To understand why HCM1 overdose resulted in such oxidative stress resistance, two of the main antioxidant enzymes (SOD and catalase) were measured. SOD activities with both cytosolic Cu,ZnSOD (Sod1) and mitochondrial MnSOD (Sod2) were analyzed by a zymogram assay and quantified (Fig. 6A). Sod2 activity was 60% higher in tetHCM1 cells. When treated with doxycycline, Sod2 activity decreased to values close to those found in Δhcm1. No differences were detected in Sod1 activity. Catalase activity was measured at the early (A600 = 1) and the late (A600 = 5) exponential phases (Fig. 6B). The differences were statistically significant when cells increased their antioxidant capacity before entering the diauxic phase. At this point, Δhcm1 cells showed a 25% decrease in catalase activity with respect to WT cells. Accordingly, tetHCM1 cells displayed higher catalase activity, which was abrogated by pretreatment with doxycycline. The differences in antioxidant capacity resulted in different rates of superoxide anion production inside the cells. As shown in Fig. 6C, the rate of oxidation of dihydroethidium decreased 1.5-fold in tetHCM1 cells. Again, pretreatment with doxycycline returned superoxide levels to values similar to those in Δhcm1.

FIGURE 6.
Antioxidant activities and intracellular ROS levels are affected by Hcm1 expression. Cultures of WT, Δhcm1, and tetHCM1 (minus and plus doxycycline, doxy) were grown in YPD medium. A, cell lysates were analyzed by native electrophoresis and SOD ...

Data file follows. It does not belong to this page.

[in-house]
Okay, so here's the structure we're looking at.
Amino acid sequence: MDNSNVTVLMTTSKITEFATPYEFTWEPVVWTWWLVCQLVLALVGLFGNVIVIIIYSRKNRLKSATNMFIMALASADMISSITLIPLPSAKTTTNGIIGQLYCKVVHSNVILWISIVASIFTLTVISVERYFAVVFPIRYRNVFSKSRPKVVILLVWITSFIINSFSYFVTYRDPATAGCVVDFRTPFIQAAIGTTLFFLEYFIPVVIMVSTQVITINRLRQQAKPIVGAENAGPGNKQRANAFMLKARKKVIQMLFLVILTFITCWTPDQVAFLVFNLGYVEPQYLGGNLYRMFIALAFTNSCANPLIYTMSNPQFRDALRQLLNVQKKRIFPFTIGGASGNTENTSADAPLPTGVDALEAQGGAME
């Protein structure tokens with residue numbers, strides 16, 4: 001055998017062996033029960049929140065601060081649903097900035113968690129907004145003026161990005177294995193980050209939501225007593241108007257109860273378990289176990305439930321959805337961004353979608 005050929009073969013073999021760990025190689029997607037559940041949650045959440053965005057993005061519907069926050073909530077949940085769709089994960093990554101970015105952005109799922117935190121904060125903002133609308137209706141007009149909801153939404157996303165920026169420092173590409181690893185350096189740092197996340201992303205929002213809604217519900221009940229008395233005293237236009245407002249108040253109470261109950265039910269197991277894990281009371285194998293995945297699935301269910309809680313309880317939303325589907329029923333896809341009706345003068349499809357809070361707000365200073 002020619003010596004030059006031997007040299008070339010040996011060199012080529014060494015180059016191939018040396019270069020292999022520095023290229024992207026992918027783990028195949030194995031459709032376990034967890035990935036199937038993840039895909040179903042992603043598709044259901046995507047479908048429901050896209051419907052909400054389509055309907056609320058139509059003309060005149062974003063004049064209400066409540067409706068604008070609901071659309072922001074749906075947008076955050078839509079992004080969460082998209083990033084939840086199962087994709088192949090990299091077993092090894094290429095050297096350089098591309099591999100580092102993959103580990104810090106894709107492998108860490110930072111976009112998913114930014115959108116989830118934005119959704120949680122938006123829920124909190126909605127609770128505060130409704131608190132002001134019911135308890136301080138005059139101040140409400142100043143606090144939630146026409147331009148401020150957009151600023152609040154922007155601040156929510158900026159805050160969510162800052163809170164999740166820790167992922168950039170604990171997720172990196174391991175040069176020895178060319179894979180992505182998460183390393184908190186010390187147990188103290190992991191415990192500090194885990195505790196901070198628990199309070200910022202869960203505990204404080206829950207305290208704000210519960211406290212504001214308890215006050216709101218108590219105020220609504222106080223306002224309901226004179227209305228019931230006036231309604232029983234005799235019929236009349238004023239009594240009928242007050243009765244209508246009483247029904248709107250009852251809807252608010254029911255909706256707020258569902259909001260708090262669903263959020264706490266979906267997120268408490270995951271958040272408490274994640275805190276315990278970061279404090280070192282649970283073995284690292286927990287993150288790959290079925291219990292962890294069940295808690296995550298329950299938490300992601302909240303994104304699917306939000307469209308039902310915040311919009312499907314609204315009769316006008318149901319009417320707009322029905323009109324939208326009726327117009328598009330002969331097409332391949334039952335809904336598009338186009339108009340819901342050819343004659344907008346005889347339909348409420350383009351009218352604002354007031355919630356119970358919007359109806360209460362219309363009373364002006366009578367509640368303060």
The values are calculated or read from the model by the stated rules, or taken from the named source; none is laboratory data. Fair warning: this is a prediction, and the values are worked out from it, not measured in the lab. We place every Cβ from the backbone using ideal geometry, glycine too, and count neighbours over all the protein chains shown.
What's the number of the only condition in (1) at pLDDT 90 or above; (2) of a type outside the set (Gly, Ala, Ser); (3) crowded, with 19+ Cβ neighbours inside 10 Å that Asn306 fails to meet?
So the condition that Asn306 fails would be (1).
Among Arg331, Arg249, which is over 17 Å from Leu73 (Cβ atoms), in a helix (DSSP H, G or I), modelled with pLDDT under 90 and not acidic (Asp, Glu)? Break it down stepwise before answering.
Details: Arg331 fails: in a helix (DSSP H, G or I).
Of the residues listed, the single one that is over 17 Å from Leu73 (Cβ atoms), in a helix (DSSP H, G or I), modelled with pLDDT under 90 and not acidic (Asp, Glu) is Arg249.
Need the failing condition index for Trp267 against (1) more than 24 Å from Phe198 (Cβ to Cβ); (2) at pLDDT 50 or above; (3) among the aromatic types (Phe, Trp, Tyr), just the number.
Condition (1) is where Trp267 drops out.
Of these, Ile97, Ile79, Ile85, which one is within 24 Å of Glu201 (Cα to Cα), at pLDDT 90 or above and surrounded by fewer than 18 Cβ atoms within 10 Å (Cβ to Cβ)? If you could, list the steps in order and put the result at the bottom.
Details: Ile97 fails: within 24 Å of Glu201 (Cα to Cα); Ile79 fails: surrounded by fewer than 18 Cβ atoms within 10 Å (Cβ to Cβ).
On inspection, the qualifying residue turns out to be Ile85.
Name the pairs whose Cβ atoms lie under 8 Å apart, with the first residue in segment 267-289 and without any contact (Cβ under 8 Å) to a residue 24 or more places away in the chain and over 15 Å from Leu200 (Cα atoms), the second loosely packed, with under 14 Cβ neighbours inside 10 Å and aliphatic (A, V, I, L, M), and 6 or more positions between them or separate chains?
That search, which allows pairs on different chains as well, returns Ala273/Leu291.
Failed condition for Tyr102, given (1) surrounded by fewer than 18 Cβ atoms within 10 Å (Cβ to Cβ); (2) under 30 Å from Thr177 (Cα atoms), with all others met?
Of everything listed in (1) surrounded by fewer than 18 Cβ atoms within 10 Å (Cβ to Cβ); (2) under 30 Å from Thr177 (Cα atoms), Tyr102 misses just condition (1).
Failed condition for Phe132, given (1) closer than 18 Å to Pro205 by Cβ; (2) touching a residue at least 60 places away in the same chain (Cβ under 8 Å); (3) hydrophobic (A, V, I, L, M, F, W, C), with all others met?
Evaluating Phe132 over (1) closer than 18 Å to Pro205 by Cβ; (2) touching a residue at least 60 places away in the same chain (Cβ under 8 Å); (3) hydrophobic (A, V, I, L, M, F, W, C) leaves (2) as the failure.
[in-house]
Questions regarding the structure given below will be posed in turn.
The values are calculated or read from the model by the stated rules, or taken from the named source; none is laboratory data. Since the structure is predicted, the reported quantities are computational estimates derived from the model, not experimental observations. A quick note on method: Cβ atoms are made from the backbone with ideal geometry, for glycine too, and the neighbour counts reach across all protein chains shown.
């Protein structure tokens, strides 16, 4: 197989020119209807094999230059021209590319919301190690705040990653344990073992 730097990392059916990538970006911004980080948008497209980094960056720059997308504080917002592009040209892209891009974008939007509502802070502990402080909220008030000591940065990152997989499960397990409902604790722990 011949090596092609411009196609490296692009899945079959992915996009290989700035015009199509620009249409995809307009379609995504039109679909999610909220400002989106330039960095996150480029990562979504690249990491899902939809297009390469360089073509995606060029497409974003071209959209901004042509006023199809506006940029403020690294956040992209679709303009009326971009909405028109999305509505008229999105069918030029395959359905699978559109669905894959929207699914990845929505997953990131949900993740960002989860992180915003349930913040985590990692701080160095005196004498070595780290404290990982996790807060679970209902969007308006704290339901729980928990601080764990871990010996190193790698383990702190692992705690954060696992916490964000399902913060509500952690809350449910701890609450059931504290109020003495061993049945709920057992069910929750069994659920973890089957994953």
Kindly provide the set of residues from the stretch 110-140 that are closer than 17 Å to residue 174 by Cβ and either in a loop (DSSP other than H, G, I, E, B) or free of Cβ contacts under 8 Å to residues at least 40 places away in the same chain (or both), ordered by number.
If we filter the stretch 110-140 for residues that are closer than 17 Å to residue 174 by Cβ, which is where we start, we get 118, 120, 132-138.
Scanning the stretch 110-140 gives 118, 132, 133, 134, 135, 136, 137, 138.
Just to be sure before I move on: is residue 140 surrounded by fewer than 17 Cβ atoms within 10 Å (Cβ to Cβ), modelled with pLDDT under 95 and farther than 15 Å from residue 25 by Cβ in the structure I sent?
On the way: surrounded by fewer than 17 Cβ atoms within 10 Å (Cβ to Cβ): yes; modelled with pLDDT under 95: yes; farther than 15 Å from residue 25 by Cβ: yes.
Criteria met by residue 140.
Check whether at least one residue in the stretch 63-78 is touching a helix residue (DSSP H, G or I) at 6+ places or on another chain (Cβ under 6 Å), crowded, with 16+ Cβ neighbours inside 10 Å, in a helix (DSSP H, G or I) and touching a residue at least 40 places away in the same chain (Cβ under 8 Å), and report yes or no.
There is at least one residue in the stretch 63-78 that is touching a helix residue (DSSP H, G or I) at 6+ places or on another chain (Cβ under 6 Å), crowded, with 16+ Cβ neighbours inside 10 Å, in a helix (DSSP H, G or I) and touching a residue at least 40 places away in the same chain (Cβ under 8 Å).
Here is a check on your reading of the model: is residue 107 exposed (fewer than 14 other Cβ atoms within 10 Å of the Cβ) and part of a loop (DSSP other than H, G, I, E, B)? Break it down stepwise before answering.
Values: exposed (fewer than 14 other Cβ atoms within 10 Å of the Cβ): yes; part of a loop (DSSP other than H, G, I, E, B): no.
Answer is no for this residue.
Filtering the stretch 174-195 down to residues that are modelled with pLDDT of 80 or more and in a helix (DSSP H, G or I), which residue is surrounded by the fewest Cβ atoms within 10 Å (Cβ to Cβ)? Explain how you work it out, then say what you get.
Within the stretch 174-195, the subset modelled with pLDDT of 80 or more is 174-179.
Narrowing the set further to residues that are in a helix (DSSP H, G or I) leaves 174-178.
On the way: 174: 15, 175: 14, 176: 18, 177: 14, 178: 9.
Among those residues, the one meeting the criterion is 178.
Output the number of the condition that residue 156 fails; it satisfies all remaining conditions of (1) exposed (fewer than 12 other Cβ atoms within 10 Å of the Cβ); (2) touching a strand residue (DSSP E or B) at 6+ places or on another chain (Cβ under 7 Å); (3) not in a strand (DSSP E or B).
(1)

Hcm1 Plays a Role in Mitochondrial Metabolism and Biogenesis

When grown with high glucose concentration, yeast cells obtain their energy from sugar fermentation. The ethanol produced is excreted to the medium. When glucose becomes limiting, the cells enter the diauxic phase, and metabolism shifts from glucose fermentation to ethanol respiration. Finally, after ethanol exhaustion, the cells enter a stationary phase and become extremely resistant to several stresses. Because resistance to oxidative stress plays a preponderant role in increasing cellular fitness during the diauxic shift and survival at stationary phase, growth curves were obtained from WT, Δhcm1, and tetHCM1 cells (Fig. 7A). In rich medium, Δhcm1 stopped sooner and reached lower densities than WT cells. In contrast, cells overproducing Hcm1 were better fitted for diauxic shift and yielded higher culture densities compared with WT. Duplication time values at the exponential phase showed that tetHCM1 cells grew slowly compared with WT cells (t½ = 103 versus 82 min, respectively). The addition of doxycycline reverted cells to generation times similar to WT (85 min) (not shown). No significant differences were observed between Δhcm1 and WT cells.

FIGURE 7.